These results suggest a fundamental difference in the encoding and retrieval processes for musical versus nonmusical stimuli between patients with AD and healthy older adults. "Music processing encompasses a complex neural network that recruits from all areas of the brain, that are affected at a slower rate in AD compared to the areas of the brain typically associated with memory. Thus, stimuli accompanied by music and a sung recording may create a more robust association at encoding than do stimuli accompanied by only a spoken recording in patients with AD," explained Ally.

According to the researchers understanding the nature of musical processing and memory in patients with AD may allow the development of effective and comprehensive therapies for this increasingly prevalent disease.

This research was supported by National Institute on Aging.

Informed caregivers can improve quality of life of Alzheimer's residents

Why are people who are diagnosed with Alzheimer's, the seventh leading cause of death in the United States, not being cared for the way they should be? We wanted to find a way to improve the quality of life ("QoL") of the resident with Alzheimer's living with a debilitating disease.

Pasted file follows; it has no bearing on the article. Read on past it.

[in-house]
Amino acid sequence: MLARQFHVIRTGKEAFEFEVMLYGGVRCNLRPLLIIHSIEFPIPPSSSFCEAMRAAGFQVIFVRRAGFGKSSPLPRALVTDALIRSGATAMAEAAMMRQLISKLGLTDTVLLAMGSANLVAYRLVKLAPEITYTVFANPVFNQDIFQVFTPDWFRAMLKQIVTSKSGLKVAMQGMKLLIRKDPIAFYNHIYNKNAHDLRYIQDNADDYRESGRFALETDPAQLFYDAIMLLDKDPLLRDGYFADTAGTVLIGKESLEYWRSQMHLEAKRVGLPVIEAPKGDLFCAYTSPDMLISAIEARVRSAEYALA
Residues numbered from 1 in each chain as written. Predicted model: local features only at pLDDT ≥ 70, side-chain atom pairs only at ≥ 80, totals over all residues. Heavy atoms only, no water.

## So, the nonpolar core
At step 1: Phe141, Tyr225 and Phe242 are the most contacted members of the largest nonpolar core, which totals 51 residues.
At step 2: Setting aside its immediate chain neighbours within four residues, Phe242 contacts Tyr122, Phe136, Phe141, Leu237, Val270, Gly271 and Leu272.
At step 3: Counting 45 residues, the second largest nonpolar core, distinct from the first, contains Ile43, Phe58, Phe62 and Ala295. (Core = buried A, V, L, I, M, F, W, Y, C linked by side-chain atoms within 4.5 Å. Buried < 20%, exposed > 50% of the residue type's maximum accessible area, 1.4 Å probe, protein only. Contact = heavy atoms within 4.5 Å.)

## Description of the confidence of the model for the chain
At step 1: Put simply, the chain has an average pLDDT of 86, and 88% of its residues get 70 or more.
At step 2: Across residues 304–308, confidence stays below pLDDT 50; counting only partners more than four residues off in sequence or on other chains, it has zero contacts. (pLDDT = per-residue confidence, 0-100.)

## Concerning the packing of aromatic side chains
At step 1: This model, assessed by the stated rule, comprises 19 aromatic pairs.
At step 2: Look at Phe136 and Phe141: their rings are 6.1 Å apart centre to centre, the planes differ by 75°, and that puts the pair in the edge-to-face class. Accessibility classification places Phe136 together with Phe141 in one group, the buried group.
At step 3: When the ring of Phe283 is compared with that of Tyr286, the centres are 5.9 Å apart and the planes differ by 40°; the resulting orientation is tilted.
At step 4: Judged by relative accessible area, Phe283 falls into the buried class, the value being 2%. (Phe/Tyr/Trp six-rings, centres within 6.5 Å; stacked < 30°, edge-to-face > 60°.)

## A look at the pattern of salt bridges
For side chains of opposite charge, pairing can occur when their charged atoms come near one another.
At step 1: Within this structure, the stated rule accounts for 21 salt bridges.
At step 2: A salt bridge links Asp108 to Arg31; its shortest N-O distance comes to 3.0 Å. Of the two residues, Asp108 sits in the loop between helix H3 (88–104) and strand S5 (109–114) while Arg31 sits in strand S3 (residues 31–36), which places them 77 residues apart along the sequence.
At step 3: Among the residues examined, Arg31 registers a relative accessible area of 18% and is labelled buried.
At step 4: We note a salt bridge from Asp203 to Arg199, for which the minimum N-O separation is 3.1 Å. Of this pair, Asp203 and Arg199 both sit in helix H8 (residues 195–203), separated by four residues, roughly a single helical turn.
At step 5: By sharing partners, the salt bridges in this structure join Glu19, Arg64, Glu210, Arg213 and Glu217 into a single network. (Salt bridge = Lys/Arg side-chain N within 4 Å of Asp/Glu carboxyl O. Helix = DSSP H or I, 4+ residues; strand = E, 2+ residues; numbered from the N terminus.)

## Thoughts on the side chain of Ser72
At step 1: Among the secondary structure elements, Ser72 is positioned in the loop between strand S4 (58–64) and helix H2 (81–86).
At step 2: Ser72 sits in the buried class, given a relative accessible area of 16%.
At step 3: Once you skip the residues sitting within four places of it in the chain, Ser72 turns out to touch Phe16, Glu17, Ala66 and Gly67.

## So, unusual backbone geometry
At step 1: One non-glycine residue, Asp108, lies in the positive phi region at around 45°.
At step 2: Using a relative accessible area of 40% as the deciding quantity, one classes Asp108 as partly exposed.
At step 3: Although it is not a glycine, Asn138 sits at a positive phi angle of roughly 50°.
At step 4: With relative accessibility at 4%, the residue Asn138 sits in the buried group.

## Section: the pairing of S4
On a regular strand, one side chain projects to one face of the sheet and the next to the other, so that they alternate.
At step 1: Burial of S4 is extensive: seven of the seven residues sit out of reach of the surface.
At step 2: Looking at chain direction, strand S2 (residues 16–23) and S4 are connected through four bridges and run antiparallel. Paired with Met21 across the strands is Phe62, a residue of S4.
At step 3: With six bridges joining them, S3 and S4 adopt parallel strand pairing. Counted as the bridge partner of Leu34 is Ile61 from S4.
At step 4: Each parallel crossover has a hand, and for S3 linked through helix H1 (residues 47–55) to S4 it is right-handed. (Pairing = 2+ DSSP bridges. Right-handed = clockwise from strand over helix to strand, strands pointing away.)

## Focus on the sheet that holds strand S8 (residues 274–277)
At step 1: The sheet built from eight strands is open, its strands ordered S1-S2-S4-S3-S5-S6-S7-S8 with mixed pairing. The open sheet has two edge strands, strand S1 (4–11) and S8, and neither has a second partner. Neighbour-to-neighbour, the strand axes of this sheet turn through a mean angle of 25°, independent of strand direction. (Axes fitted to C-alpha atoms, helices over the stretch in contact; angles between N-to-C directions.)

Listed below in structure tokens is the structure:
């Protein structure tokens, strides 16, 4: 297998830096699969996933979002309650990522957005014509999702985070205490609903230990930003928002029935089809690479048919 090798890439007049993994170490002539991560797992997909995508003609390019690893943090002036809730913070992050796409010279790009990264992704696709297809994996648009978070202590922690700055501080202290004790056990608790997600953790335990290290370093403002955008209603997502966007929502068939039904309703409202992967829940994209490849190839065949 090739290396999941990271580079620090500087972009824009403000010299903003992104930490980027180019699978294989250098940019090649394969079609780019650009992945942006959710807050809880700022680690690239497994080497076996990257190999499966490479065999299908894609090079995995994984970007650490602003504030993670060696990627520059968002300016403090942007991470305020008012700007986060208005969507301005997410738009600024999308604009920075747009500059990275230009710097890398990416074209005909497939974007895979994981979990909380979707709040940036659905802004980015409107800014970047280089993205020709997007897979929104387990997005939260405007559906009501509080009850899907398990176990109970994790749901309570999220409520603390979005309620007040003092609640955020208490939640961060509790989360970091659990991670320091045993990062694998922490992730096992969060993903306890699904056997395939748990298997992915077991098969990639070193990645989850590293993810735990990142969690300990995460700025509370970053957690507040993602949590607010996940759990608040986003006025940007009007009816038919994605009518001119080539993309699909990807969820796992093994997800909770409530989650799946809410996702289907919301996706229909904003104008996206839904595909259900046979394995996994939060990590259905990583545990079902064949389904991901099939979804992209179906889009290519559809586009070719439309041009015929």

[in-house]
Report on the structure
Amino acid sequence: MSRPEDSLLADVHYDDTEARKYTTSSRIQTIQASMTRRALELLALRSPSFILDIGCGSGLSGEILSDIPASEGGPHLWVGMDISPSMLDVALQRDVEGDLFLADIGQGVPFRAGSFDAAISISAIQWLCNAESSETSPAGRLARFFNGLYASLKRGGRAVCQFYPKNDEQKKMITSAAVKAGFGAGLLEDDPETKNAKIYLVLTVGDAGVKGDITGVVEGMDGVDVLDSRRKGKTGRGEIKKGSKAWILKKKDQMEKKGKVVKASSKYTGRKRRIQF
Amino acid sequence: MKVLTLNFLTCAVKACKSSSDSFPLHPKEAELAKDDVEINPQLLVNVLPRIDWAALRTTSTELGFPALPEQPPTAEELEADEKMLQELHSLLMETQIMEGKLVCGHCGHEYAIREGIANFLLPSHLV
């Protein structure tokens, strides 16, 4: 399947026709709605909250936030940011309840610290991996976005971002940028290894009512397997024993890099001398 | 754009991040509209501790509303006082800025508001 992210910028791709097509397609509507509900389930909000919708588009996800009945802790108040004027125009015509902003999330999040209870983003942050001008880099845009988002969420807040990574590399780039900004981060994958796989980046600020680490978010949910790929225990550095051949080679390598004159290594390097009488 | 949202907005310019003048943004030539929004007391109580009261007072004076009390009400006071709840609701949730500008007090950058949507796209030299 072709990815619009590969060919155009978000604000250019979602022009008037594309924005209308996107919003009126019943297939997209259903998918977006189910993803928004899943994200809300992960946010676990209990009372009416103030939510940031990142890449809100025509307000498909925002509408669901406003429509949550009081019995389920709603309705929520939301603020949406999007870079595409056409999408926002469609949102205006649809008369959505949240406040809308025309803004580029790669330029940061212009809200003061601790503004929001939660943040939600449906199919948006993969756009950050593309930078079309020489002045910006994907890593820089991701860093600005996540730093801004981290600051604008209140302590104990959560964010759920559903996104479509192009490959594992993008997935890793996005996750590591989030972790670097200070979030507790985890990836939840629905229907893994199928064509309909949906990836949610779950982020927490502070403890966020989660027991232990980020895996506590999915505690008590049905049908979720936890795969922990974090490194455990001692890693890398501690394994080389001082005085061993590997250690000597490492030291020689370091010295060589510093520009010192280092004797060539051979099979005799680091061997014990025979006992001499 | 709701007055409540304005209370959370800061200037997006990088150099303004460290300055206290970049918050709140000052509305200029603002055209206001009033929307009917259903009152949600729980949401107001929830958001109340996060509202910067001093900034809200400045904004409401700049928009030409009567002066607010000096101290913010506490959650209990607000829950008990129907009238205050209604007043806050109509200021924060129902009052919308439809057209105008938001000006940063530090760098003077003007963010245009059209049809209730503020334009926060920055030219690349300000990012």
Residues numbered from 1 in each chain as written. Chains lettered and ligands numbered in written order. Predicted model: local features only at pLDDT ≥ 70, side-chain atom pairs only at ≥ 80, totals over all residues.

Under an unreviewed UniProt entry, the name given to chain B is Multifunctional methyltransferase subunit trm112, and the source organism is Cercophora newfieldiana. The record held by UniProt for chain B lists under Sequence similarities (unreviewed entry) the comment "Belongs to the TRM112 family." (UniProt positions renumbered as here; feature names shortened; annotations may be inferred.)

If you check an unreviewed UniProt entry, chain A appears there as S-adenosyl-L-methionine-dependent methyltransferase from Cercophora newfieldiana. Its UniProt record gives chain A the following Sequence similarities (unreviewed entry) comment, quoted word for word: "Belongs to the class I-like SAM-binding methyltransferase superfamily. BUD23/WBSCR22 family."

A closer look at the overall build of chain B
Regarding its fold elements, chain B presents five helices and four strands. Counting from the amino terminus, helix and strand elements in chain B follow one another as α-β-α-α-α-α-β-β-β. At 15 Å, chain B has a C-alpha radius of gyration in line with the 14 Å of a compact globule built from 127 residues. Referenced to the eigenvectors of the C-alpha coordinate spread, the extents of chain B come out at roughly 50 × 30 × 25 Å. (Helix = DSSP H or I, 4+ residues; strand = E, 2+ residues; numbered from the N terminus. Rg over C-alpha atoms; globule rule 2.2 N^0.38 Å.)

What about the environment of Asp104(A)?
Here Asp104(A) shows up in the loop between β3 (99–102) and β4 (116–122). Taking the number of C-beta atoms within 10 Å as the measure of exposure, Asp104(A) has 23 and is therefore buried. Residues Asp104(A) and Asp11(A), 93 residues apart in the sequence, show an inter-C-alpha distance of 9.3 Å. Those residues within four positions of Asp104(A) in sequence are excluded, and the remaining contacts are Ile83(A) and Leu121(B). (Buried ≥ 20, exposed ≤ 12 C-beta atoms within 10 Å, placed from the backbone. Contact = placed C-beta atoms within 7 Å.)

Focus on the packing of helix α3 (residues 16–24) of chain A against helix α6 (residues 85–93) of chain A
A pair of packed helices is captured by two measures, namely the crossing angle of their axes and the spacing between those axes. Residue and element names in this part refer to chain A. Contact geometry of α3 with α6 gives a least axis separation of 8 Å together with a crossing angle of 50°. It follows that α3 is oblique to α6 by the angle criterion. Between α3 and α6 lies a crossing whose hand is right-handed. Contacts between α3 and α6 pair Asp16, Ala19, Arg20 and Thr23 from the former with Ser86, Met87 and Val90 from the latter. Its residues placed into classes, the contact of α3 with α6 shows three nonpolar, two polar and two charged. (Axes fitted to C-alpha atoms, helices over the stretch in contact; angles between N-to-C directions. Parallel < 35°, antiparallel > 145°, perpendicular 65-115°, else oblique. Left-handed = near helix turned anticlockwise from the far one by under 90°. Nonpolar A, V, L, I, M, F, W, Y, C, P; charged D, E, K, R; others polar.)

This idea formed the basis of a research study at Signature HealthCARE LLC that revealed a direct correlation between the quality of life for individuals diagnosed with Alzheimer's disease and their caregivers.

Alzheimer's disease (AD) is a silent killer that gradually destroys a person's memory, ability to learn and communicate, and the ability to carry out daily activities. As AD progresses, individuals can experience other weakening side effects, including anxiety, irritation, and possible hallucinations. AD patients experience side effects that ultimately impact their quality of life, which is defined as being in a state of complete physical, mental and social well-being. Read full article...

Wednesday, May 05, 2010

Dementia Risk Higher in Spouses of Dementia Patients

By Joyce Frieden, News Editor, MedPage Today
Reviewed by Zalman S. Agus, MD; Emeritus Professor
University of Pennsylvania School of Medicine.

Spouses of dementia patients are six times more likely to develop dementia than spouses of persons without dementia, a study has found.